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The Exile

Author: Allan Folsom
Publisher: Forge Books
ISBN: 1466817194
Size: 22.11 MB
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From the New York Times bestselling author of The Day After Tomorrow and The Day of Confession comes The Exile, an all new heart-pounding thriller The Los Angeles Police Department's famed 5-2 squad boards a commuter train in an attempt to take a cold-blooded killer into custody. John Barron, the newest and youngest member of the elite LAPD unit, learns quickly that the 5-2 has their own deadly system of justice, and that even the slightest protest will result in his suffering the same swift fate. Thus begins a dark, explosive struggle between good and evil—pitting Barron's squad against an exceedingly imaginative and brutal killer. Suddenly the game widens when John flees to London with his sister, Rebecca, and they are thrown into a race against time. Pursuing them is a baroness, beautiful and cruel, who will stop at nothing to protect her family, her fortune, and her global ambitions. Her secret—spanning oceans, continents, the collapse of the USSR, even the death of the Tsars—is a stunning revelation that could catapult her to the pinnacle of world power. At the Publisher's request, this title is being sold without Digital Rights Management Software (DRM) applied.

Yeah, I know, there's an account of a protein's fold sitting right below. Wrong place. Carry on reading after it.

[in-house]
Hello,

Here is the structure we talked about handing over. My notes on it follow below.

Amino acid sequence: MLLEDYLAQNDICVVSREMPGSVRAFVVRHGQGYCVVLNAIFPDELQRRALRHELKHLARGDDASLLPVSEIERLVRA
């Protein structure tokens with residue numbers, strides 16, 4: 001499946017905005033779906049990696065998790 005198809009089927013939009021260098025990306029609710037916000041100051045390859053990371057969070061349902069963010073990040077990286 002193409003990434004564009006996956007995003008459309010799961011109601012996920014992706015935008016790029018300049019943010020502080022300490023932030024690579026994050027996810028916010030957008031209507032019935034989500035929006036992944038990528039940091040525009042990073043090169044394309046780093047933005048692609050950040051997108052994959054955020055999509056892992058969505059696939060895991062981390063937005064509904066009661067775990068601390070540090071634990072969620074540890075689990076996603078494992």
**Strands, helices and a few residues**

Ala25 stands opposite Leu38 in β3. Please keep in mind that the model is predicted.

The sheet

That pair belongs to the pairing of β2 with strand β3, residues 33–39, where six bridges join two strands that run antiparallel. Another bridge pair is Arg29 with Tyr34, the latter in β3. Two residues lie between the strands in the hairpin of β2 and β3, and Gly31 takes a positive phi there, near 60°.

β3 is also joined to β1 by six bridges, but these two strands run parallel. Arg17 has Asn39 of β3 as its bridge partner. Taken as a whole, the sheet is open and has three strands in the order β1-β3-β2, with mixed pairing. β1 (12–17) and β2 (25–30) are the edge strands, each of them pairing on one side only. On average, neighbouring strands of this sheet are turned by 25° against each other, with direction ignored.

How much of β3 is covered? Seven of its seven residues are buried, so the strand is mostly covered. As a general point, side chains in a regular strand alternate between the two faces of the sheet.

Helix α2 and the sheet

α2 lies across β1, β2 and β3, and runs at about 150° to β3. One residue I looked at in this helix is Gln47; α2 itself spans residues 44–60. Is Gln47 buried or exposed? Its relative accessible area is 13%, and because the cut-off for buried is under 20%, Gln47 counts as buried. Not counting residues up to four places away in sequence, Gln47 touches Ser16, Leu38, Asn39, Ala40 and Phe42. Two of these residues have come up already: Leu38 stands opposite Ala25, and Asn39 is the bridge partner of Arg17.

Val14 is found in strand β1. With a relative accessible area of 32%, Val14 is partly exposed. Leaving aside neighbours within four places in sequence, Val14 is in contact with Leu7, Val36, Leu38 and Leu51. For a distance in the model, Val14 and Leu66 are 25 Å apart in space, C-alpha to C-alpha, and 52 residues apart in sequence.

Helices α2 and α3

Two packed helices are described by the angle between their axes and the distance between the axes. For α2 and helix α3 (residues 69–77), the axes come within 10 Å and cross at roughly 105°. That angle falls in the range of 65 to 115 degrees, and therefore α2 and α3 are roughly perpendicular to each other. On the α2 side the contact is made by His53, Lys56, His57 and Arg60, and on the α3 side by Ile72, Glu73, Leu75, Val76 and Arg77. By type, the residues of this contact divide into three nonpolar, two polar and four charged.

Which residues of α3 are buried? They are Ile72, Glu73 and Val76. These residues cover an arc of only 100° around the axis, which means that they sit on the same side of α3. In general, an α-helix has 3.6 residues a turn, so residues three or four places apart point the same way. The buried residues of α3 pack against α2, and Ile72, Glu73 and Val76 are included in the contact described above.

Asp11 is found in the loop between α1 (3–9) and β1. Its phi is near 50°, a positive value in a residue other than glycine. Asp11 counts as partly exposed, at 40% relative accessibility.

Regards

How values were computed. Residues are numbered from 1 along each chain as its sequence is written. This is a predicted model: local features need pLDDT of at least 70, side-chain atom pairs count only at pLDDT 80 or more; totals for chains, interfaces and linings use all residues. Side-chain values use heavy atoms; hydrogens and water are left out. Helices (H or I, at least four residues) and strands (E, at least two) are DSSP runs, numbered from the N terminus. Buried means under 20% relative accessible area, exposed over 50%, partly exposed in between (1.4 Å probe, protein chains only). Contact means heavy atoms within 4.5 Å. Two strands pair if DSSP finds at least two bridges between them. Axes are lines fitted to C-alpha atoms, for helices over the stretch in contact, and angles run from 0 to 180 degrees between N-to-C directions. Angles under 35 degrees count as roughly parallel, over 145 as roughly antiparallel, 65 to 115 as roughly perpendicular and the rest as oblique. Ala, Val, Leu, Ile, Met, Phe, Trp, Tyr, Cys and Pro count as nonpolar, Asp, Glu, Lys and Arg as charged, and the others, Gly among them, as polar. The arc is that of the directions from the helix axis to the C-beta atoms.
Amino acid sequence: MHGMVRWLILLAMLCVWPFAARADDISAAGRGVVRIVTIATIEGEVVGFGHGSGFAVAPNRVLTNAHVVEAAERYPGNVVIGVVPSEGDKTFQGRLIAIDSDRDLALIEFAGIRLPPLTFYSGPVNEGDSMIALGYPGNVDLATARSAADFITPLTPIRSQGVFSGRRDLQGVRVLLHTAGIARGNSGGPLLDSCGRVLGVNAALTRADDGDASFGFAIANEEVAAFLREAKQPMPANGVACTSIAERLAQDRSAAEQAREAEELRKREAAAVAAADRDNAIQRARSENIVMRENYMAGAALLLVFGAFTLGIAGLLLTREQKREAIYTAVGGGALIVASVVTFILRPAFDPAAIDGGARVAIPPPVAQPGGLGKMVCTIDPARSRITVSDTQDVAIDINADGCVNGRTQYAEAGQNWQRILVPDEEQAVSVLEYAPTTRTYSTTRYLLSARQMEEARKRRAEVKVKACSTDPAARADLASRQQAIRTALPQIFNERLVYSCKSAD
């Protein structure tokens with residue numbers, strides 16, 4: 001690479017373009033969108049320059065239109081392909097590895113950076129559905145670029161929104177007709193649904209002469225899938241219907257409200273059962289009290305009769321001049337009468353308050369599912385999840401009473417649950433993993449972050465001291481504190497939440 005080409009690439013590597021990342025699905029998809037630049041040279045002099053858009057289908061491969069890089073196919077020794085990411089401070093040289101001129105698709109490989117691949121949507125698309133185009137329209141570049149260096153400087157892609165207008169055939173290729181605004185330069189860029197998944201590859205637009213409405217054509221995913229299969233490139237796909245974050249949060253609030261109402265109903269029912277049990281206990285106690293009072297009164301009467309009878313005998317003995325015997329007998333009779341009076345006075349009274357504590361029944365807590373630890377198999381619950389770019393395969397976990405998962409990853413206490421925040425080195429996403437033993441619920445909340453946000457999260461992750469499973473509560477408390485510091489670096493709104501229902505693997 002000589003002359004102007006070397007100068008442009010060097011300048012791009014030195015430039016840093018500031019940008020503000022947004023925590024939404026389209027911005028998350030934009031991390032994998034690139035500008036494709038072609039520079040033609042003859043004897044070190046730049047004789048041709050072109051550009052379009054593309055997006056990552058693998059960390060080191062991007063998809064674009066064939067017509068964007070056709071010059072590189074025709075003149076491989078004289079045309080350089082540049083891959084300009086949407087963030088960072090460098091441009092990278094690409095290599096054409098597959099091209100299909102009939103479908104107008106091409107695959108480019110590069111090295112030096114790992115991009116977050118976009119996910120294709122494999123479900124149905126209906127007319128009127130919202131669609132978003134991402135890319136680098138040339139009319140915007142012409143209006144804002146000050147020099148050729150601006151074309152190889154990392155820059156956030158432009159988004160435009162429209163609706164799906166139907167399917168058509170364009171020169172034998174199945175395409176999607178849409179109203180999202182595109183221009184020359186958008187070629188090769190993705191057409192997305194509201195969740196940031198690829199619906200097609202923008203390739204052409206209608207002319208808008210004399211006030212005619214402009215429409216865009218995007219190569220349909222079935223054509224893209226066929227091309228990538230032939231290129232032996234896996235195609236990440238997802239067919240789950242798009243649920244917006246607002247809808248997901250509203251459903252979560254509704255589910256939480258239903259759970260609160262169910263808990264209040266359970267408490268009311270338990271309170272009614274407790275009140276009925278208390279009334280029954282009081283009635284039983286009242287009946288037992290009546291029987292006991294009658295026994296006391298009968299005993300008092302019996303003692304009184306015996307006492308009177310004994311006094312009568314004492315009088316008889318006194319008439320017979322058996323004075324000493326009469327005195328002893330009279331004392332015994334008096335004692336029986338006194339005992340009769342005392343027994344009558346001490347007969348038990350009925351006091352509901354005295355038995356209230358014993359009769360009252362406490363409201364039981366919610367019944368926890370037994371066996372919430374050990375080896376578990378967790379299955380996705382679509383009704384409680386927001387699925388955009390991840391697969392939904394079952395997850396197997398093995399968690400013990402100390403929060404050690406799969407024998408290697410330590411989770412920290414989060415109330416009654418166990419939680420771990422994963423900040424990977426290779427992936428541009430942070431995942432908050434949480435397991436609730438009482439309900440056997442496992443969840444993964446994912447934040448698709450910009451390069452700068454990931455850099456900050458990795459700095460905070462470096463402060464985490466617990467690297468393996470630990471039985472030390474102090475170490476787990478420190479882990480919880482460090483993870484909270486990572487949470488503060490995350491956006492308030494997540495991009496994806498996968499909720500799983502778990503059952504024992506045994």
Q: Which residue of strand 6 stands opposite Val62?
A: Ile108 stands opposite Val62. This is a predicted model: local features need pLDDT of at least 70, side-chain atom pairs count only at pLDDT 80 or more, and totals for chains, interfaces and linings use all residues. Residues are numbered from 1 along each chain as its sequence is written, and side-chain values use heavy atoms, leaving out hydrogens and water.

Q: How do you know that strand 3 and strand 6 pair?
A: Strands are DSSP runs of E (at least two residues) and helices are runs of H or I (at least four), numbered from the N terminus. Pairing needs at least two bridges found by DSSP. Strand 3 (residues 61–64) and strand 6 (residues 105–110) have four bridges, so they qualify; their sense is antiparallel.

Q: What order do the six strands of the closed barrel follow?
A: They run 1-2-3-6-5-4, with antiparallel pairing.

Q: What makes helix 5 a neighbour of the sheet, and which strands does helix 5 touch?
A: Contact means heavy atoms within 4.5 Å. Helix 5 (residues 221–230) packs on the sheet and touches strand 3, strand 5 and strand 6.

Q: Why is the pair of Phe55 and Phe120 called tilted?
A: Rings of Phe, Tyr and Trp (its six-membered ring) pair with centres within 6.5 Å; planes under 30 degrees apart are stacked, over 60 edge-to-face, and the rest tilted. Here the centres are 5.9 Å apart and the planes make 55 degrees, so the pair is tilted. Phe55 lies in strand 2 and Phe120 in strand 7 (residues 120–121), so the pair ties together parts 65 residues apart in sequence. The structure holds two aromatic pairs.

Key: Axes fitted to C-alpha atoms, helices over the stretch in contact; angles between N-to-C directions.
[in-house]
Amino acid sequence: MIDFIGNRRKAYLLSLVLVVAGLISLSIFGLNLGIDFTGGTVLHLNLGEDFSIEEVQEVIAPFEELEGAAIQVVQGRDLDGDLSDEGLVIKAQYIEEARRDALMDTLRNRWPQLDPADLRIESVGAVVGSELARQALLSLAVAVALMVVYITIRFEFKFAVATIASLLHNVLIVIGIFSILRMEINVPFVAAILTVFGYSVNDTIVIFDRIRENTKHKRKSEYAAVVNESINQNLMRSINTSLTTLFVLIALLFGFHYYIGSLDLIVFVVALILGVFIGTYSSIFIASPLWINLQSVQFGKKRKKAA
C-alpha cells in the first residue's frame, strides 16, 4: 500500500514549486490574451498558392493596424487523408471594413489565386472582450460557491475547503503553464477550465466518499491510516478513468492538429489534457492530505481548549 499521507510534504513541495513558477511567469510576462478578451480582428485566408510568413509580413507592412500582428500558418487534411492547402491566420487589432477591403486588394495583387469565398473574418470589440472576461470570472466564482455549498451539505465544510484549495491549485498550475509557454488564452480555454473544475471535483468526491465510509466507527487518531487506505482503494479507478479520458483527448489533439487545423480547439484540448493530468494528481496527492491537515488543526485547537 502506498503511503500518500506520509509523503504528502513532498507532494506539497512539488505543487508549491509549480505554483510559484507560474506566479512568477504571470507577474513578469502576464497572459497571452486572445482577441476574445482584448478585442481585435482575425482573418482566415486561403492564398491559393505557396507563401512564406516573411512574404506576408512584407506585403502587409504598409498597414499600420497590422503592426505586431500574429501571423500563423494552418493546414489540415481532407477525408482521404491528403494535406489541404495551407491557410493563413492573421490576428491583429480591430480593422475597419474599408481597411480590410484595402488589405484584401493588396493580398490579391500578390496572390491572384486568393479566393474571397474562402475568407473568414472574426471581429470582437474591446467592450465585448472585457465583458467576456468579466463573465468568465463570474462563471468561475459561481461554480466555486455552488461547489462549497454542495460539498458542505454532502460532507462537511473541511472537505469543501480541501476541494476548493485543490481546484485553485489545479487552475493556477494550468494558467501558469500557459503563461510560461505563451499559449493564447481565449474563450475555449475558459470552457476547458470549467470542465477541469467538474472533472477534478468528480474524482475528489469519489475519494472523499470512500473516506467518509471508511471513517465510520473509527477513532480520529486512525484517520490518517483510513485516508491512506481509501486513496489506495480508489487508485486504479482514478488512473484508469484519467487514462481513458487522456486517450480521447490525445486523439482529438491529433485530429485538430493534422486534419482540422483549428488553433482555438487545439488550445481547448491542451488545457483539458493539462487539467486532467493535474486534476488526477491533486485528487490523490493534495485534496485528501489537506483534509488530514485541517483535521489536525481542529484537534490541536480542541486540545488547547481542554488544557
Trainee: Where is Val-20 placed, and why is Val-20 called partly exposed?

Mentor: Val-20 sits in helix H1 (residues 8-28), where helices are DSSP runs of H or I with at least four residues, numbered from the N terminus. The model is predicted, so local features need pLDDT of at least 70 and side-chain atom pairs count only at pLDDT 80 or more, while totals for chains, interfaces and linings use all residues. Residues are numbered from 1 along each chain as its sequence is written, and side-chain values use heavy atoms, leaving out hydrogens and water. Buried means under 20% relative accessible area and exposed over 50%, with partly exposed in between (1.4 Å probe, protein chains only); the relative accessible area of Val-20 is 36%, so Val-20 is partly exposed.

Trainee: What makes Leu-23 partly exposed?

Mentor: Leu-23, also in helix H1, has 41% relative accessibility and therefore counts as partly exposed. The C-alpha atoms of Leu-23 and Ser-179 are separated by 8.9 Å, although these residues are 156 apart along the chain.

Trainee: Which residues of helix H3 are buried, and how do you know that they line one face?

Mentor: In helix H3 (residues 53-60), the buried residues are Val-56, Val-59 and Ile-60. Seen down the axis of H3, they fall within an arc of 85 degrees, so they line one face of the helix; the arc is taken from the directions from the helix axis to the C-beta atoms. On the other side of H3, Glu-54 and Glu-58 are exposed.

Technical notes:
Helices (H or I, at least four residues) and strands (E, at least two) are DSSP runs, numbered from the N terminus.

The Exile And Return Of Writers From East Central Europe

Author: John Neubauer
Publisher: Walter de Gruyter
ISBN: 3110217732
Size: 72.54 MB
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This is the first comparative study of literature written by writers who fled from East-Central Europe during the twentieth century. It includes not only interpretations of individual lives and literary works, but also studies of the most important literary journals, publishers, radio programs, and other aspects of exile literary cultures. The theoretical part of introduction distinguishes between exiles, émigrés, and expatriates, while the historical part surveys the pre-twentieth-century exile traditions and provides an overview of the exilic events between 1919 and 1995; one section is devoted to exile cultures in Paris, London, and New York, as well as in Moscow, Madrid, Toronto, Buenos Aires and other cities. The studies focus on the factional divisions within each national exile culture and on the relationship between the various exiled national cultures among each other. They also investigate the relation of each exile national culture to the culture of its host country. Individual essays are devoted to Witold Gombrowicz, Paul Goma, Milan Kundera, Monica Lovincescu, Miloš Crnjanski, Herta Müller, and to the "internal exile" of Imre Kertész. Special attention is devoted to the new forms of exile that emerged during the ex-Yugoslav wars, and to the problems of "homecoming" of exiled texts and writers